The creative minds of authors and directors showcased the what-could-be of our future in films and books, but the following military technologies are stepping out of the realm of the sci-fi genre and into real-life defence military applications.
Here are some military technologies that are changing the brutal art of warfare.
Image of a Cruise Missile from Wikipedia
High on our list of future military technologies is an electromagnetic pulse weapon known as the Counter-electronics High-powered Microwave Advanced Missile Project, or CHAMP for short.
CHAMP is a missile system that is, essentially―as Don Cheadle in Ocean’s 11 said―“a bomb but without the bomb”. On paper, the missile system can pinpoint targets and knock out their electrical grids, plunging the targets into darkness and disconnection from all forms of communication lines.
This military technology equips a cruise missile with a small generator that emits microwaves to fry electronics with pinpoint accuracy. What makes it even more interesting is that it can be fired multiple times, unlike its nuclear counterpart that can only be fired once.
CHAMP is a collaborative effort between U.S. Air Forces―an aerial and space warfare service branch of the United States Armed Forces―and Boeing―an American corporation that designs, manufactures, and sells defence technology worldwide.
Two other companies are involved in the project. First is Raytheon, a major U.S. defence contractor and an industrial corporation that specialises in weapons and commercial electronics. Raytheon is responsible for building the electronics of the missile systems.
Lockheed Martin is also part of the project―an aerospace and defence company. They’re responsible for building JASSM-ER, also known as the Joint Air-to-Surface Standoff Missile-Extended ranger, which will be one of the possible delivery mechanisms for CHAMP that the U.S. Air Force would be using.
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Image of a Ballistic Missile from DefenseNews
Up next in our list of military technologies are hypersonic missiles. This particular military technology is basically like any other ballistic missile. The only difference is the speed it achieves―which its name already suggests.
In a Reuters report, U.S. senior officials say that China is leading the race to be the first to deploy hypersonic missiles. Not far from the arms race, Russia has already fielded their hypersonic weapons.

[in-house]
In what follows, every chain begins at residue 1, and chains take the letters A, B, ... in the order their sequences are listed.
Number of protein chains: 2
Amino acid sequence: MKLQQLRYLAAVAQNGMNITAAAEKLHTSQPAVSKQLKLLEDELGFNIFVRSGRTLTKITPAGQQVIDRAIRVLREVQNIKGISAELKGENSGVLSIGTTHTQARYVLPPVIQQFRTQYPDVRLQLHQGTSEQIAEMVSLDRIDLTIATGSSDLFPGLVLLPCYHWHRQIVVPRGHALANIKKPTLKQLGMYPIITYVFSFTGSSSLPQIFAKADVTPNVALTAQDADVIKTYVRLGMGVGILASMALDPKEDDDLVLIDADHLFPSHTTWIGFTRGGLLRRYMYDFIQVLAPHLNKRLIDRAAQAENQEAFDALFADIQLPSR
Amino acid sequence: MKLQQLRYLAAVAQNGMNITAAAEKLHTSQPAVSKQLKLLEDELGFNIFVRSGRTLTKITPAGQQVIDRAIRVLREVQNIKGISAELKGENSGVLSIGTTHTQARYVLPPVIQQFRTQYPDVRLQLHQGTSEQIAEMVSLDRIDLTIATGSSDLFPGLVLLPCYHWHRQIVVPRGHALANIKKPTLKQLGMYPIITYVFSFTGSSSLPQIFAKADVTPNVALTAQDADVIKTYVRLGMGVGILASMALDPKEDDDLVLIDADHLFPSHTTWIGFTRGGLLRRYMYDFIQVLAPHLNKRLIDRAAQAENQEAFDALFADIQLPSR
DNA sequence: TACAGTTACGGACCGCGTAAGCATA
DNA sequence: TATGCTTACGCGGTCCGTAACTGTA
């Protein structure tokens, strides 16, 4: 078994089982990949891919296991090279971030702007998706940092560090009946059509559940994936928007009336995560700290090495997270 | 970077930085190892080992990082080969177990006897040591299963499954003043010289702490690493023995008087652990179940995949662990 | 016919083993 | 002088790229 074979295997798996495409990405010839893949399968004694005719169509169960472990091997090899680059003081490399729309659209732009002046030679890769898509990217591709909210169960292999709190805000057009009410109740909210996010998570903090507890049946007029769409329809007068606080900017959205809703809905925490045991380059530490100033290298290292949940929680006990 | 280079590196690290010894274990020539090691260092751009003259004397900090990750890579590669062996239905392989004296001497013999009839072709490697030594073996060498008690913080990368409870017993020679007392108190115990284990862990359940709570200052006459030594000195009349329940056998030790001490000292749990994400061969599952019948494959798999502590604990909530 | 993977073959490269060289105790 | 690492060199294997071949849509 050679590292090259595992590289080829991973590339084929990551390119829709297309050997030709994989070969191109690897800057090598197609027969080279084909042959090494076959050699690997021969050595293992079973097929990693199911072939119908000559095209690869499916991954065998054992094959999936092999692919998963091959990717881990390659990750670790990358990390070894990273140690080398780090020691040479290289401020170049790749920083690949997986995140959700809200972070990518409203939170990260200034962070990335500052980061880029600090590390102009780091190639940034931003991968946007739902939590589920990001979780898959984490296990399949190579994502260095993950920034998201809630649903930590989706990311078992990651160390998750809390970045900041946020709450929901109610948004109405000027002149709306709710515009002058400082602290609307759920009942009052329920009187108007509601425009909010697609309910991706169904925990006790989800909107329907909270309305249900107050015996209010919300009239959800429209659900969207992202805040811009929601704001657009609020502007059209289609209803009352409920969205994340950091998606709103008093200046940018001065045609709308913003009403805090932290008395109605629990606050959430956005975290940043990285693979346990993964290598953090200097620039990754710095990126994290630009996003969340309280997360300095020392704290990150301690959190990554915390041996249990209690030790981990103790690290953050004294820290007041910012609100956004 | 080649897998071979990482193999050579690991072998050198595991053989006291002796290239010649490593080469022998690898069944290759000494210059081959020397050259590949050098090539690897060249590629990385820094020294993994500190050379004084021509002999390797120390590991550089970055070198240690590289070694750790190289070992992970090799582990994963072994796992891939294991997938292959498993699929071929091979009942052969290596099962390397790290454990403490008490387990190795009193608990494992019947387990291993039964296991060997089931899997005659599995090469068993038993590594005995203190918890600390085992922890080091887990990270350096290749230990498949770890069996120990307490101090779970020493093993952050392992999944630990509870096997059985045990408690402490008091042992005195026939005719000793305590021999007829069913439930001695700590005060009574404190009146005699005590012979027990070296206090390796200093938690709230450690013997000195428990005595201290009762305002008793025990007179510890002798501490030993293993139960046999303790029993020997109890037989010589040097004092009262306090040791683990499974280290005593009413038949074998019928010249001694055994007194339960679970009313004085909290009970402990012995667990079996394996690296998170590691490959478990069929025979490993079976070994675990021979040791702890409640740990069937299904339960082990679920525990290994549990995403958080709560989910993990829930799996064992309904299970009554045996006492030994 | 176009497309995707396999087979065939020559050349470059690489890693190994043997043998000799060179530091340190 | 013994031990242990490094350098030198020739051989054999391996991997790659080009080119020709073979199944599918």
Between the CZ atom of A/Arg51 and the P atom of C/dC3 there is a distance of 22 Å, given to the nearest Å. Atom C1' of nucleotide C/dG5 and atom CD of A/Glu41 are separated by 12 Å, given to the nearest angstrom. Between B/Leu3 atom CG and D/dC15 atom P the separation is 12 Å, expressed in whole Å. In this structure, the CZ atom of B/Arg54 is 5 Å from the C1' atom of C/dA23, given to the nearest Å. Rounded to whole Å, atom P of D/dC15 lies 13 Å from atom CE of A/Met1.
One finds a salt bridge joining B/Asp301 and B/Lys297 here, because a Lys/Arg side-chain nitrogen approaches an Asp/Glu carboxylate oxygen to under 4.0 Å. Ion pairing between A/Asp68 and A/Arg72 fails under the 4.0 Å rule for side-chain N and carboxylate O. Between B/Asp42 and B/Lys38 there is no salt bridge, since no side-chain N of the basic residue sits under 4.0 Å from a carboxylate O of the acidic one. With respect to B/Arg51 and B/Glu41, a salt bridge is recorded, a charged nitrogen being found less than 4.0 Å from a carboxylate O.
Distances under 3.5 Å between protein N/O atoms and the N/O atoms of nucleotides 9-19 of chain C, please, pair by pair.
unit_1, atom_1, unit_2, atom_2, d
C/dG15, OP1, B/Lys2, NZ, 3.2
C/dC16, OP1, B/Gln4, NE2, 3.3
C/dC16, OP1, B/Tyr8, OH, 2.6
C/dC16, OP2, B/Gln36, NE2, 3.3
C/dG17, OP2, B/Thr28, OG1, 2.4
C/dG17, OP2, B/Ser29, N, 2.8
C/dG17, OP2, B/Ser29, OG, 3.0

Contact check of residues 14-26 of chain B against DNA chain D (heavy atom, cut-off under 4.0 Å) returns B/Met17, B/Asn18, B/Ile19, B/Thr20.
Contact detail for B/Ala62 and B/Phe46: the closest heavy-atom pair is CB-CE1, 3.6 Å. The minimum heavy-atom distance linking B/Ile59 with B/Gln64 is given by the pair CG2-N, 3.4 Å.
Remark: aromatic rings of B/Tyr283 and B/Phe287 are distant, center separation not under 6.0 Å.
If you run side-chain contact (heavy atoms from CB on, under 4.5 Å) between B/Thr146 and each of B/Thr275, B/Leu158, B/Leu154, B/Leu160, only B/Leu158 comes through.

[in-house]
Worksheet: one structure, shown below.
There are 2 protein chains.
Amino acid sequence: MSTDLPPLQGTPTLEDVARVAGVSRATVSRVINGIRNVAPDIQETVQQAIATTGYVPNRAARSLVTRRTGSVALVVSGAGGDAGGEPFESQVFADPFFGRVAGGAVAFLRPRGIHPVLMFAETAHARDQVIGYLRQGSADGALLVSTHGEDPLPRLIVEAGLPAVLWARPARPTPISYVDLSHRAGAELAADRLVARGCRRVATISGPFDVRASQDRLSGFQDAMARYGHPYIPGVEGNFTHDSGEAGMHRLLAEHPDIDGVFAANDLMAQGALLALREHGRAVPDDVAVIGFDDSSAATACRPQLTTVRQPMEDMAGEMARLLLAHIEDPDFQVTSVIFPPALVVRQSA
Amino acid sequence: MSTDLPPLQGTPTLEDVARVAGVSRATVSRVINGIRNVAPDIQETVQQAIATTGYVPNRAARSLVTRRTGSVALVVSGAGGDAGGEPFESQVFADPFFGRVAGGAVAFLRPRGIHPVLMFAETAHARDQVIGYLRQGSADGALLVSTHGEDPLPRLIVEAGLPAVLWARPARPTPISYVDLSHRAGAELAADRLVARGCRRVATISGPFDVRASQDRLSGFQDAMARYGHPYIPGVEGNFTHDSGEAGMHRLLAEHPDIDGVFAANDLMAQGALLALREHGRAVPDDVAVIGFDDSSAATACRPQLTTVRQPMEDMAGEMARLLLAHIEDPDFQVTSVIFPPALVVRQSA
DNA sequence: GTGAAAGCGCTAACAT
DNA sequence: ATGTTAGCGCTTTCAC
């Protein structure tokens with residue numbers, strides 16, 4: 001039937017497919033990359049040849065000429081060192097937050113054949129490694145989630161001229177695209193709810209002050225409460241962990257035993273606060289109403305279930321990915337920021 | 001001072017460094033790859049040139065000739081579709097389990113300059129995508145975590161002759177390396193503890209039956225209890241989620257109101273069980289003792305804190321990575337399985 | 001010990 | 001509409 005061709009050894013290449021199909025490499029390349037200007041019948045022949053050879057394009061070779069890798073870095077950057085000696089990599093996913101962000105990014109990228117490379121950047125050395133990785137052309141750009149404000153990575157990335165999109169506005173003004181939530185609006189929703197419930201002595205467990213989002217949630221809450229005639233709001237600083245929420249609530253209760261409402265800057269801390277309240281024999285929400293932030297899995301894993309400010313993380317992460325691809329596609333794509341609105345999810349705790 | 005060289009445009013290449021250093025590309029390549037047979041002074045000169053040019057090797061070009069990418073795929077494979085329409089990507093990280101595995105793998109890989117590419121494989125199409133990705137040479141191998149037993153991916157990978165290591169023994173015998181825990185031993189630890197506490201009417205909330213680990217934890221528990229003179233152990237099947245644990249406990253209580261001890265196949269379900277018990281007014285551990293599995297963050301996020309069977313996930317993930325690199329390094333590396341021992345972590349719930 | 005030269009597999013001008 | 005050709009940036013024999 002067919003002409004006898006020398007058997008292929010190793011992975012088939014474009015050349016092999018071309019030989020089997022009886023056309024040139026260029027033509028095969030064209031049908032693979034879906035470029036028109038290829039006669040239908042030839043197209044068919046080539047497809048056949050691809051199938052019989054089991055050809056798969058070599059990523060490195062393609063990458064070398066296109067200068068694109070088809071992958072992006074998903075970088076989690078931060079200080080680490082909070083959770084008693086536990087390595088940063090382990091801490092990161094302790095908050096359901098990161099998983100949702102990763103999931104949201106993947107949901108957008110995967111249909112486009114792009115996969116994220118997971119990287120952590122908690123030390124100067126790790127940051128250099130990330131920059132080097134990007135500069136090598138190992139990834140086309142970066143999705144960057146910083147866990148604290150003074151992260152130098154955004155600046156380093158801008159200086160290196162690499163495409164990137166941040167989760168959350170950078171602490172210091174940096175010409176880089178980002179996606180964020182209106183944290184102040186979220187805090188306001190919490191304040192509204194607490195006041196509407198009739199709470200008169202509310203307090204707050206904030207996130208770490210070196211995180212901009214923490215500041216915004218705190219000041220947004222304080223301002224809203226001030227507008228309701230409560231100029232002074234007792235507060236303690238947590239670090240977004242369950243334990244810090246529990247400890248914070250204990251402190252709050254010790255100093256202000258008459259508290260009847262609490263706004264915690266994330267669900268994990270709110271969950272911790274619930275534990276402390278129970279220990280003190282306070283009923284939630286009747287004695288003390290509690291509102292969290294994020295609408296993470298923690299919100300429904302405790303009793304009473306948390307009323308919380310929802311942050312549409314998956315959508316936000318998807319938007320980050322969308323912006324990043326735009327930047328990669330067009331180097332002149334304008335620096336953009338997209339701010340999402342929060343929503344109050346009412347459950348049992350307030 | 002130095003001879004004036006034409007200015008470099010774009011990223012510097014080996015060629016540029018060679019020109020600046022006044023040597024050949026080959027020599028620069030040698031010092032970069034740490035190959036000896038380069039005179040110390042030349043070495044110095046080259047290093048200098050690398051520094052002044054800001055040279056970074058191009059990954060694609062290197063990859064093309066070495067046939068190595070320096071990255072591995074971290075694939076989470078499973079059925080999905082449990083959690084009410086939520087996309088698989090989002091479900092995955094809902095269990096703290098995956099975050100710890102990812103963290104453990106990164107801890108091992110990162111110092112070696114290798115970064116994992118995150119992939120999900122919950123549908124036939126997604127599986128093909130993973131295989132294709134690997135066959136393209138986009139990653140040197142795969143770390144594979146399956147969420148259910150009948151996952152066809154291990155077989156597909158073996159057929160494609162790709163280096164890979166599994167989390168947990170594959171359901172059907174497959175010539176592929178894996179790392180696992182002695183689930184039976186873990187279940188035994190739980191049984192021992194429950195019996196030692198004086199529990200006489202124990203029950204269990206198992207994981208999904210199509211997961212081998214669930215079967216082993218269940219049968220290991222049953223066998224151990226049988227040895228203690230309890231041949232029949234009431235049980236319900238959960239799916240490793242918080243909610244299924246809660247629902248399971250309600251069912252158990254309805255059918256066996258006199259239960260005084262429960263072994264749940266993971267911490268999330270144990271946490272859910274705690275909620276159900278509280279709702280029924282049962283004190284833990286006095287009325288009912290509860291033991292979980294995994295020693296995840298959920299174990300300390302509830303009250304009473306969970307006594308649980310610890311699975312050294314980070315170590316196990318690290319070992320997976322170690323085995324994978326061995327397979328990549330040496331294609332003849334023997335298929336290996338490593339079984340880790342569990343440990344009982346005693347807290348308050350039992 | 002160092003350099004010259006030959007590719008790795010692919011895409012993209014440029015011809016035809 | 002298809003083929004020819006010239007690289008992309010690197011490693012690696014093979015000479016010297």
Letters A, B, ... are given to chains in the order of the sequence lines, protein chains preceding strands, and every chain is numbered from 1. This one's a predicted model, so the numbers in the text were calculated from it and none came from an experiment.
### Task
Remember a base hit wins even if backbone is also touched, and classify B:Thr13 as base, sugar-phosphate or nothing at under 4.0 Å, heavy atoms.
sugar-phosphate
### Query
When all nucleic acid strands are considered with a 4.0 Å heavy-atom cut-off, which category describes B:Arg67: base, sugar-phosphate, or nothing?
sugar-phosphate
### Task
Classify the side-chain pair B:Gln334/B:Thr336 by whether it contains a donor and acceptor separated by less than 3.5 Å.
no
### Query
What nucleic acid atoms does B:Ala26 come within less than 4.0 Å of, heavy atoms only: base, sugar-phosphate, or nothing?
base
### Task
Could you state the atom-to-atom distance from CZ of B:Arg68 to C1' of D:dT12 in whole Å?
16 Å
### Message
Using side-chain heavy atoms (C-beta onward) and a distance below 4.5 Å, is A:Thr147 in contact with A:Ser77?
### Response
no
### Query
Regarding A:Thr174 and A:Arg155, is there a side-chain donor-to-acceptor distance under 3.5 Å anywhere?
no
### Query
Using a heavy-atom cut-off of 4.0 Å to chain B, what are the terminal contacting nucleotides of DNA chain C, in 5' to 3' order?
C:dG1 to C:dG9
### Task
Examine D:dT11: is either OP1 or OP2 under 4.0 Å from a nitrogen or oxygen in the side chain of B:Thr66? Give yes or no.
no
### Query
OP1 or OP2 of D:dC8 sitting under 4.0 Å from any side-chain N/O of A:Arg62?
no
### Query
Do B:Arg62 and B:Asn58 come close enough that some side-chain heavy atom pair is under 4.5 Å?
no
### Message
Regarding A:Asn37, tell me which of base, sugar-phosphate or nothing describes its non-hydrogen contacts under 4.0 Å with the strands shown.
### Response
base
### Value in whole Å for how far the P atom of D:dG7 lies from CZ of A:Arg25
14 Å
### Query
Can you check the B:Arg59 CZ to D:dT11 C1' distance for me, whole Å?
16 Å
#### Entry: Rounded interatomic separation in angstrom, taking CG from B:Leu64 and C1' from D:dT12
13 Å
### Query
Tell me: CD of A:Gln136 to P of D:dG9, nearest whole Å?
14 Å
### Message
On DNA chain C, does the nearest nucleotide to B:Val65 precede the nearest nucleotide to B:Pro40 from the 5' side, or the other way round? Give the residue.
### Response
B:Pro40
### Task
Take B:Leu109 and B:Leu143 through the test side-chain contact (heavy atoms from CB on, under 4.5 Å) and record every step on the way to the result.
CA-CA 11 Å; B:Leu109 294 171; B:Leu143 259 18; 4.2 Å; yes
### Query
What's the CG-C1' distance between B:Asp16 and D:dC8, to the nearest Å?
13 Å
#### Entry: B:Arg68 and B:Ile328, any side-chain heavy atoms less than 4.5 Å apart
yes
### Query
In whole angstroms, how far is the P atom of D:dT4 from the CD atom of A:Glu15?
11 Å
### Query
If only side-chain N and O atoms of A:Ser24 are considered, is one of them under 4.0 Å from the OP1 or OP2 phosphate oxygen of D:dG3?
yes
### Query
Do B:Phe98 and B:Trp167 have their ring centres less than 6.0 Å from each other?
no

For context, there are a plethora of commercial and military technologies that can easily break the sound barrier, but achieving hypersonic speed is a league of its own because it’s five times the speed of sound―about 6,200 kilometres (3,853 miles) per hour―making it a tougher challenge.
The big deal behind the hypersonic missile lies in its capabilities. According to the Reuters report, it’s “the combination of speed, manoeuvrability and [the] altitude of these missiles [which] makes them difficult to track and intercept”. Some of these missiles are 25 times faster than a passenger jet or travel as fast of 25,000 kilometres per hour.
Last May of 2018, the Russian military displayed its hypersonic missiles at a parade. Meanwhile, in early November of last year, China showed off their new systems at a biennial airshow in Zhuhai, a southern city in China.
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Image of the Perdix drone from Popular Mechanics
A few decades ago, only a few could imagine that sci-fi military technologies would become a reality. Let alone imagine unmanned technologies that can carry out military operations while keeping soldiers safe from harm.
With today’s latest defence military innovations, the future of drone technology has taken a note right out of science fiction books. Perdix is a new autonomous defence weapon system. Its name is derived from a Greek mythological character that the Goddess Athena saved by turning him into the first partridge.
The defence weapon system comprises of bird-sized drones that are six inches in length, two sets of carbon fibre wings, and a kevlar composite fuselage. It is also powered by a lithium-polymer battery pack.